Diving from a liveaboard in the Maldives is without doubt one of the cheapest and easiest ways to experience the best that the Maldives has to offer and visit and discover more areas and better sites than diving from a land base.

Diving is carried out from a purpose built “diving dhoni” that will not anchor but will follow the divers from the surface.
This is the safest and most comfortable way to dive in the Maldives due to the wind and currents.
Every diver will have their own Dive Station with their own basket where for storing their diving gear, which will always remain on the diving dhoni.
This system leaves the main boat free to handle accommodations, meals and social activities in a quiet atmosphere with more available space for you to relax in.

Most guests make up to 3 dives a day, so some sort of protection is needed, a 3mm wetsuit is normally comfortable and adequate for most people.
There is a law in the Maldives that the depth limit is 98 feet/ 30 metres.
Your Divemaster will requires proof of your certification before the first dive.
Dive insurance is mandatory as is your own personal dive computer.
(You can rent one for the trip if you do not have your own).
As well as the Mandatory Dive Insurance we also highly recommend Trip and Travel Insurance on the off chance of missed or cancelled flights / lost baggage, documents, money or passport / Covid issues or any other unforeseen problems that could possibly occur.
Dive Assure Insurance offers cover for all these eventualities as well as complete Dive Insurance all in one package.

Maldives dive sites

Kudarah Thila

Type of dive: Reef dive

Description: One of the best dive sites for soft coral and fish life.

The marine life here is so abundant, that the divers have named it ‘fish soup’. The thila is in a circular shape and can be covered in a single dive at different depths, if the current is not very strong.

Maaysa Thila

Type of dive: Reef dive / Night dive

Description: The thila is about 80mters in diameter.

The whole thila can be done at different depths in a single dive. There are manycaves and overhangs around the thila. The large rocks on the north eastern side have large black coral trees growing on them. The site is famous for the sharks and a great barracuda which reside here. The site can be dived at any time of the day, each with different activity going on the reef. The best chance to get close to these creatures is at night time, when they are hunting. You will see sharks, barracudas, rays and eels trying to grab a morsel.

Bathala Maaga Kanthila

Type of dive: Drift dive

Description: The northern tip of Magaa reef extends into Bathalaa Kandu and is home to a number of grey reef sharks and white-tip reef sharks. They can be seen patrolling along the reef looking for food.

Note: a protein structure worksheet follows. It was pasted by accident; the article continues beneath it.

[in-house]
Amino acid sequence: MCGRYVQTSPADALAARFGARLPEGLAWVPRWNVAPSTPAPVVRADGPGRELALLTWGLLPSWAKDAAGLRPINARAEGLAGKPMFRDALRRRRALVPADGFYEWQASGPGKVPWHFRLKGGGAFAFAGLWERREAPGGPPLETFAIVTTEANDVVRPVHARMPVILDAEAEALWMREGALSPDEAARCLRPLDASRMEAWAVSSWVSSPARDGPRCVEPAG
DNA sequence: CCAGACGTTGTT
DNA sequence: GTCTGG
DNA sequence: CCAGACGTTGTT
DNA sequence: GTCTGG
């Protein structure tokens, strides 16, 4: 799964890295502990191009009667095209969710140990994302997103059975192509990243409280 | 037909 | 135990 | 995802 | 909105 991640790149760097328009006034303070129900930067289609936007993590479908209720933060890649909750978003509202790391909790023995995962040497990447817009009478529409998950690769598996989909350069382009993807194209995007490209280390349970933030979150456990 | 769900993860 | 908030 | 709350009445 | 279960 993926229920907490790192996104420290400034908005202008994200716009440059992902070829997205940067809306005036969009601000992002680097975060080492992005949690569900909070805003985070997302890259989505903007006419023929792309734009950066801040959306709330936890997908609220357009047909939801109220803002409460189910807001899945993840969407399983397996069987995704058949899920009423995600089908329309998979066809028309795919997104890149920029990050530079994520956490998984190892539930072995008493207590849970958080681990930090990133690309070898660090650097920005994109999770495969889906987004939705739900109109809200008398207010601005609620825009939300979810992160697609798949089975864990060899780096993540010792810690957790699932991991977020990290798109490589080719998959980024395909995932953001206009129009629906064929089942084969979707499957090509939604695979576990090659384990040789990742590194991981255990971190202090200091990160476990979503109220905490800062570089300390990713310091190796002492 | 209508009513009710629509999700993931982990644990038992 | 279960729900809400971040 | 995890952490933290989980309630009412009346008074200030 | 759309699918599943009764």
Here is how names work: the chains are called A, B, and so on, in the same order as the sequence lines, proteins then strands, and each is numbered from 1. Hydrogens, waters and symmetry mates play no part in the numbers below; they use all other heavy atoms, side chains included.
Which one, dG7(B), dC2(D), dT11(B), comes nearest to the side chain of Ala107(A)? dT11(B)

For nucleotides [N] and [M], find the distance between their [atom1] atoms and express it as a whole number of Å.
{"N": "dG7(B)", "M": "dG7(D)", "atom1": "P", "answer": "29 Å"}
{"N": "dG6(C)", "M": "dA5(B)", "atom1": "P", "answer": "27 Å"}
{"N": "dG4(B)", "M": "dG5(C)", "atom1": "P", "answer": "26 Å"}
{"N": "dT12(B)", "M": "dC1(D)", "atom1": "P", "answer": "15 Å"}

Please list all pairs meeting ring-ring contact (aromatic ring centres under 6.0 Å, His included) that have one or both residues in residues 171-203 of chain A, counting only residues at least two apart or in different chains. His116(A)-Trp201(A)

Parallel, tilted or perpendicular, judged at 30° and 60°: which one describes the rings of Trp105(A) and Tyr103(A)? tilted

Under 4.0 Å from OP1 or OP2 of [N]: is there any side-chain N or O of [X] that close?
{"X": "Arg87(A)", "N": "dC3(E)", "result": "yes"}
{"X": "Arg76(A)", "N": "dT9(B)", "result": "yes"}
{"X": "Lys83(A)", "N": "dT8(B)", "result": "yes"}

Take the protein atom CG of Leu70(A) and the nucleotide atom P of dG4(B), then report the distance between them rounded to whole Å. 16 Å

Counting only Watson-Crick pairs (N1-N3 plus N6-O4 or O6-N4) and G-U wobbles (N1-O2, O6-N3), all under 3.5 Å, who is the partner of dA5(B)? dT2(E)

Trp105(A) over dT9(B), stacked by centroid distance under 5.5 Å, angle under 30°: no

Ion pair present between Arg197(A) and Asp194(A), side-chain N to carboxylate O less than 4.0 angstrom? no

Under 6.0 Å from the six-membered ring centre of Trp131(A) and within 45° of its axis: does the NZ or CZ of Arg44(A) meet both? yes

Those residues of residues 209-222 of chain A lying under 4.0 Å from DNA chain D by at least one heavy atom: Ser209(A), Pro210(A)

Maalhos Thila (Blue Curves)

Type of dive: Drift dive / Reef dive

Description: The thila is known for the abundance of soft coral growth on the thila, particularly the blue/violet colored variety that grows on the ceiling of the caves and overhangs, thus the name ‘blue caves’. In addition a large variety of fish life can be observed here.

Rasdhoo Madivaru

Type of dive: Drift dive / Channel dive

Description: The reef on the southern side of Rasdhoo drops vertically to the ocean depths. The site is home to a school of Scalloped Hammerhead sharks (sphyrna lewini). In the early hours of the morning they rise from the deep waters off the atoll into the shallower depths, accessible to divers.

Guraidhoo Kandu South

Type of dive: Drift dive / channel dive

Description: Since the eastern side of the channel is Open Ocean, large predatory fish can regularly be spotted here. This site is famous for sightings of sharks, schools of eagle rays and the occasional Sail fish and Hammerheads. The best condition to do the dive is when the current is flowing into the Atoll. The dive begins on the outer reef following the current into the atoll. Most of the pelagic species can be observed on the eastern side, where the reef drops off into the deep ocean.
At the end of the dive in the channel, along the reef you can find overhangs with plenty of soft coral growth and small fish.

Kandooma Thila

Type of dive: Drift dive / reef dive

Description: Located in a channel, the reef is subject to strong currents at times. The ocean currents carry lot of nutrients to the reef, supporting an abundance of sea life.
The site is well renowned for the soft coral growth, turtles, diverse fish life and invertebrates found on the reef. At the reef slope you may find sharks and eagle rays.

Embudu Kandu (Express)

Type of dive: Drift dive / channel dive.

Description: Similar to Guraidhoo Kandu, but more sharks are likely to be spotted here.
The currents can be very strong at times. The stronger the current however the better chance of seeing sharks. Under the guidance of an experienced dive guide, the dive can be managed done easily.